Fantasy football is big business nowadays, but what about fantasy bands? Take a renowned and formidable vocalist (Joan Wasser, aka Joan As Police Woman), the producer and keyboard player behind The Invisible, who has worked with Amy Winehouse and Matthew Herbert among many others (Dave Okumu). Add one of the world’s best drummers (the sadly departed Tony Allen) and you have a trio destined for a high points score, even from just the one away fixture in Paris.
For it was in the French capital that these three protagonists met up for a jam. Introduced by Damon Albarn at an Africa Express event, Wasser and Allen had struck up a fiercely creative musical relationship. Wasser brought in Okumu, and the trio set up improvising sessions that culminated in a whole night in the Parisian studio. But then… a pandemic. Allen, tragically, passed away five months after the meeting, but during lockdown Wasser took the raw material, creating loops and song structures, bending and moulding them into a carefully structured set of 10 tracks, drawing on deeply personal experiences and a few lockdown encounters.
There is little doubt Allen would have been enormously satisfied with the results. His is the first musical contribution we hear, setting the walking pace for the extraordinary opening track The Barbarian. Clocking in at nearly 12 minutes, this compelling story starts with the steadiest of rhythms, Allen working his way around the drum kit. Wasser’s voice is ideal for these conditions, a measured delivery laden with meaning, while Okumu’s slightly stern keyboard gives punctuation.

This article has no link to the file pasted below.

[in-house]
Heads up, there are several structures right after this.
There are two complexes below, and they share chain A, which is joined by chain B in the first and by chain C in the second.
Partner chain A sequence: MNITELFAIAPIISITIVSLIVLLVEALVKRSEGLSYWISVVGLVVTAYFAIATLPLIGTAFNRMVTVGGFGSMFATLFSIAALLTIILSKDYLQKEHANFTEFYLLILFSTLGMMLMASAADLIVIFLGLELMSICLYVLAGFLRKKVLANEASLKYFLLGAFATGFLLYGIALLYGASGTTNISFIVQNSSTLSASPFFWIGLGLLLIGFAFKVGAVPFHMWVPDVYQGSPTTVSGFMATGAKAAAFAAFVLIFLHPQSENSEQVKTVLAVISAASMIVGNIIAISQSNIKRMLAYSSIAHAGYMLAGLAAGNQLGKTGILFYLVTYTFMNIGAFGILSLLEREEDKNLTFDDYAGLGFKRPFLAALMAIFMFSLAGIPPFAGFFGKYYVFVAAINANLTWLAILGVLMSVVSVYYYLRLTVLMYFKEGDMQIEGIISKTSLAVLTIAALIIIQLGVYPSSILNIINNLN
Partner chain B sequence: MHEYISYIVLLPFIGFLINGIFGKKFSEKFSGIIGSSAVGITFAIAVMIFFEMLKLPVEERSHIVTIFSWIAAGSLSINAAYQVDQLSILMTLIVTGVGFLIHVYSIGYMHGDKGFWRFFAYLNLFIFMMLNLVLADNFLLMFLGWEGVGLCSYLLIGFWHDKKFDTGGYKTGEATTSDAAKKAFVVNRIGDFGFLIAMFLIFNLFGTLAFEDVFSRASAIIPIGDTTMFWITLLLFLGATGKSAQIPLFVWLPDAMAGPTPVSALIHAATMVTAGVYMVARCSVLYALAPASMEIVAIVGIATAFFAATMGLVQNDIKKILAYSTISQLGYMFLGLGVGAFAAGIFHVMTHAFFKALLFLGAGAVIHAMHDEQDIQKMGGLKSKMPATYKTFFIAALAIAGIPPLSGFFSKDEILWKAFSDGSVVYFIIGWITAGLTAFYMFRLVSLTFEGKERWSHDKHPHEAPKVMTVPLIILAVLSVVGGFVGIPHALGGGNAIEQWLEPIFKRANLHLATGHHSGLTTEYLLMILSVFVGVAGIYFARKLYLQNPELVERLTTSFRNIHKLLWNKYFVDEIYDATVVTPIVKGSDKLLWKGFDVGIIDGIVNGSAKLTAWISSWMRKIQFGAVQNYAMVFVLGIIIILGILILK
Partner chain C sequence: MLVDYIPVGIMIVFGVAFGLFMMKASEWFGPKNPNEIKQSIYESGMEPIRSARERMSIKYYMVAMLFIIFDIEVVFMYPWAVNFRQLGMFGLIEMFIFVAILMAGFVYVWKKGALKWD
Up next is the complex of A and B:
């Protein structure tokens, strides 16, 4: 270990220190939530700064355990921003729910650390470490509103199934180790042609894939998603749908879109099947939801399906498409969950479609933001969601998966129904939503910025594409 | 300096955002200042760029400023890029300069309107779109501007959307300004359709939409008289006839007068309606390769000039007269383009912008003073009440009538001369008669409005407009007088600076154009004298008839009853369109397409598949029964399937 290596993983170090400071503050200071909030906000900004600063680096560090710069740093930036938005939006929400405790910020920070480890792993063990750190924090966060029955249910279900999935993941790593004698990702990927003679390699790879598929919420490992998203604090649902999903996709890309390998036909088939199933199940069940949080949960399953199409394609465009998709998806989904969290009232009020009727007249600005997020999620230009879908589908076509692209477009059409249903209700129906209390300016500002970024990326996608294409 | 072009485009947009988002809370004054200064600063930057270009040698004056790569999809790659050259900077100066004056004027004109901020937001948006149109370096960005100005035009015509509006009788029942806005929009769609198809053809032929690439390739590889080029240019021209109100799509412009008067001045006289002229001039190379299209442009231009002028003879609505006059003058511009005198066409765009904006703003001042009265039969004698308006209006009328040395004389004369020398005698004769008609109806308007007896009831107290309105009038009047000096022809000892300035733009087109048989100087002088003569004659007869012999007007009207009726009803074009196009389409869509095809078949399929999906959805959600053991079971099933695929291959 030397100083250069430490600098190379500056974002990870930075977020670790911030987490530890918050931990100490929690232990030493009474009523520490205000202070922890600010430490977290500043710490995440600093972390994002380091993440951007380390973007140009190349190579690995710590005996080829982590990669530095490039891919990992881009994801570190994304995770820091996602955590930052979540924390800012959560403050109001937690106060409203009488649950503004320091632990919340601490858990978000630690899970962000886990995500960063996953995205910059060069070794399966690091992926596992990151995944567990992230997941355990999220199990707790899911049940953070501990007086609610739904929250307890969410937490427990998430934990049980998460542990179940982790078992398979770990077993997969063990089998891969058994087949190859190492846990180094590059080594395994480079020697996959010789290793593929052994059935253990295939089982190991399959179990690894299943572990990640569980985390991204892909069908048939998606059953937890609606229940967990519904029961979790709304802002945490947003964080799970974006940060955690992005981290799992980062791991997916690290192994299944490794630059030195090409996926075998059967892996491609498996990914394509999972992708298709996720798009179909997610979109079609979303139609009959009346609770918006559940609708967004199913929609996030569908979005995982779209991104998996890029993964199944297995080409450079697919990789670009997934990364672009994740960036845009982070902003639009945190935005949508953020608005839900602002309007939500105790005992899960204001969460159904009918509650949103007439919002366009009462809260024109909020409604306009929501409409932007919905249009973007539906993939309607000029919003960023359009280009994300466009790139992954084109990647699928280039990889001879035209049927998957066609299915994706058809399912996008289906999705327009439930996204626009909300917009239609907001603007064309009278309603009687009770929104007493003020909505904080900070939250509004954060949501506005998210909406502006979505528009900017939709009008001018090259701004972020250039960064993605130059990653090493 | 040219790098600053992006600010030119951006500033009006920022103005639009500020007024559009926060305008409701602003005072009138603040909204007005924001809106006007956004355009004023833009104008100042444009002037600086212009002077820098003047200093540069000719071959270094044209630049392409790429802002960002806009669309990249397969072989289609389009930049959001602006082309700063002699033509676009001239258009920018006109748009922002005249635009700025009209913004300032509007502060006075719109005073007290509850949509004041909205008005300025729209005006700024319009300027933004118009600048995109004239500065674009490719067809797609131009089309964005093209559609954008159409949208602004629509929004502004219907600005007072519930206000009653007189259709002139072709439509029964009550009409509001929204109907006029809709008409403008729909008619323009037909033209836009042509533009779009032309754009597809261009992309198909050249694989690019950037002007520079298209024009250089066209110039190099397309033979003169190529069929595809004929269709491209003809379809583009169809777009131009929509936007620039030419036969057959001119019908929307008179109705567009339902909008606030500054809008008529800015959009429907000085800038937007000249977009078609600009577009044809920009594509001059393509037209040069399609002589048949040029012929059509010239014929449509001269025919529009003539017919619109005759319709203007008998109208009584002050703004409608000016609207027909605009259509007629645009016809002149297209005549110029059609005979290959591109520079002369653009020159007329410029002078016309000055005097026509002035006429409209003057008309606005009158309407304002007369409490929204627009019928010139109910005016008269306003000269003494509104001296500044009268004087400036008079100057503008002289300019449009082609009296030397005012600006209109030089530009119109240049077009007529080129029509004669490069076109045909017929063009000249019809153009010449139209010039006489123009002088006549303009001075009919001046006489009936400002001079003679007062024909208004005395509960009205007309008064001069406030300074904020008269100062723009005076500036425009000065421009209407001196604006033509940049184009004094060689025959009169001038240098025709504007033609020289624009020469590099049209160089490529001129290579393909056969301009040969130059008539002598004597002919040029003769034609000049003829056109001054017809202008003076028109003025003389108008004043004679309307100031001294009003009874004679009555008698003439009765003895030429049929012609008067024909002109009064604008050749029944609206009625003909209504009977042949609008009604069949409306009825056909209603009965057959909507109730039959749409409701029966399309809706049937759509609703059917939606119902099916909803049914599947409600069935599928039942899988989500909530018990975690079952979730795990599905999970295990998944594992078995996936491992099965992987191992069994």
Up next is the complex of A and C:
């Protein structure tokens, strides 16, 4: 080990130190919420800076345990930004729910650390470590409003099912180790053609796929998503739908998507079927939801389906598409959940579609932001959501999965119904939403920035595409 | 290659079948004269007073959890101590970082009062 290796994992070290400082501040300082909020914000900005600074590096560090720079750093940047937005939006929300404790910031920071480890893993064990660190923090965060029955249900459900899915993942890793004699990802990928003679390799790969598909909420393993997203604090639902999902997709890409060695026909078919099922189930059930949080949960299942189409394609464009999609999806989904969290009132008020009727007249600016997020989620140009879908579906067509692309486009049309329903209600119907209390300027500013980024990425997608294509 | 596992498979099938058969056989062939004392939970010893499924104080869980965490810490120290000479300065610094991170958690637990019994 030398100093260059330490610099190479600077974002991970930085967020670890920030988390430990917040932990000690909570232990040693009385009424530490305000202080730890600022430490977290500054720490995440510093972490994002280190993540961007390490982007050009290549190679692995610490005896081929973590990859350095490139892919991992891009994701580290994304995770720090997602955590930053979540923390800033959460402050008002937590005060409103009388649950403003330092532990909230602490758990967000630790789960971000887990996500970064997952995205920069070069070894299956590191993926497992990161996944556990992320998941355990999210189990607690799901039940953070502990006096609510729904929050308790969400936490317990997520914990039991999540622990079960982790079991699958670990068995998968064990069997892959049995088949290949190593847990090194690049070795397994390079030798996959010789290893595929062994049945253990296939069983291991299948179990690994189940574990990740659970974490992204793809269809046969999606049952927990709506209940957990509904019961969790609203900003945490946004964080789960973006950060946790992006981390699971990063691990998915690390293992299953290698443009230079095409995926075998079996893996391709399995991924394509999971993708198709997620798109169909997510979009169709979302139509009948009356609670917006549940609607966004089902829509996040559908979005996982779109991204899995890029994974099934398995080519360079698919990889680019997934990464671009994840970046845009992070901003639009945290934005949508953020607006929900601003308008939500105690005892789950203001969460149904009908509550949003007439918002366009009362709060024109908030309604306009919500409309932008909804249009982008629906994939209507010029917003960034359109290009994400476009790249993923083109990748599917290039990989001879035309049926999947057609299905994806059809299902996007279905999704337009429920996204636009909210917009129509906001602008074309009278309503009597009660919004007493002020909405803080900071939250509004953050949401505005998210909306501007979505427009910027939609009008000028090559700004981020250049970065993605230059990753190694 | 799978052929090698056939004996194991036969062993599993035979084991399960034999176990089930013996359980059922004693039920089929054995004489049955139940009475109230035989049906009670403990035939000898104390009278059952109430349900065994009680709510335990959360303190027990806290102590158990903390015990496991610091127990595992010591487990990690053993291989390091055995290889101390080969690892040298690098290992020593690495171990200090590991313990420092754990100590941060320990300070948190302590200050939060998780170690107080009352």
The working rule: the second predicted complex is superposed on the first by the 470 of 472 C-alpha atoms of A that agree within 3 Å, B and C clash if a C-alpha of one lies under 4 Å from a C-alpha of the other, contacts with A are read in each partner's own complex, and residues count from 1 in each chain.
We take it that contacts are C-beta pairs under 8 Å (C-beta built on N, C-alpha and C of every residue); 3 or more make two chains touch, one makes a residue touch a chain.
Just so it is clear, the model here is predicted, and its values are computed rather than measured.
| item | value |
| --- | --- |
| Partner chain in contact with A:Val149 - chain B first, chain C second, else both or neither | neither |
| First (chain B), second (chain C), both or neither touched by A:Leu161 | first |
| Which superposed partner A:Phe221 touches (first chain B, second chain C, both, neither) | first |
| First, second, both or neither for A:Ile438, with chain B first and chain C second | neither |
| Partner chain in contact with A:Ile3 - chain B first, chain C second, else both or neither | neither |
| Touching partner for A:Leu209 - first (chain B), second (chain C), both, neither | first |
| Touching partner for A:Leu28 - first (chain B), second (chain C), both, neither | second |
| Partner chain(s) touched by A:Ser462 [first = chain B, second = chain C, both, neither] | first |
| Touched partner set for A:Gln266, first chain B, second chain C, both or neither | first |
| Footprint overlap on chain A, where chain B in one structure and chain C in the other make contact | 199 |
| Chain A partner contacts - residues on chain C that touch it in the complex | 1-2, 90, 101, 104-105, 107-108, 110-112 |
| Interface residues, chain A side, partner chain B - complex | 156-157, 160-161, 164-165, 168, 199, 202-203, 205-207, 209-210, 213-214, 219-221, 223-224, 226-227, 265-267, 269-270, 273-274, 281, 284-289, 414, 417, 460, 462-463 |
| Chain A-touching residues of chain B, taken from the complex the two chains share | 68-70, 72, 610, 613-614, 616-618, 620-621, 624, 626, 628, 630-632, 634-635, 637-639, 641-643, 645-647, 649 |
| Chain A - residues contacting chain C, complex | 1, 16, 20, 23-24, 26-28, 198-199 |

From this the album takes on a more physical profile. Dinner Date gets intimate, Wasser’s persuasive tones and the sighing viola exerting their richly layered influence. The viola really comes into its own at the start of Geometry Of You, celebrating sensual pleasures in a way weirdly recalling Ariana Grande’s Positions.
Albarn himself appears on Get My Bearings, the two voices nicely dovetailed against some sensitive, paired back keyboards. “Maybe it’s love that rescues us”, sings Wasser softly. The imaginative keyboard colours are a feature of the album, from the sighing chords of The Love Has Got Me to the lean underside of the piano that curls its way around the music of Take Me To Your Leader.
The drums are arguably the stars of the show. Allen uses the snare in a surprisingly tender role, brushing it on the way to a more percussive implement. His contribution drifts on and off the beat, getting through a great deal of stick work but sounding effortless at the same time. On occasion the longer tracks do lose some focus – with the notable exception of The Matador – but even when that happens there are many elements to enjoy.
The trio have a really lovely bond between them but especially on the outtake at the end of Perfect Shade Of Blue, where the closeness and good feeling between them is confirmed. “I’m so glad we set this up as a weekly thing,” says Joan, “Wanna do one more?” They do, hitting the groove with the soulful Reaction, bringing this one-off collaboration to a stately and spatial close.
The knowledge that the collaboration won’t be repeated only enhances its musical value. The Solution Is Restless, by its title alone, does not have all the answers – but its musical debates are gripping. The spectacle of three creative identities finding common ground in a divisive world is both priceless and inspiring.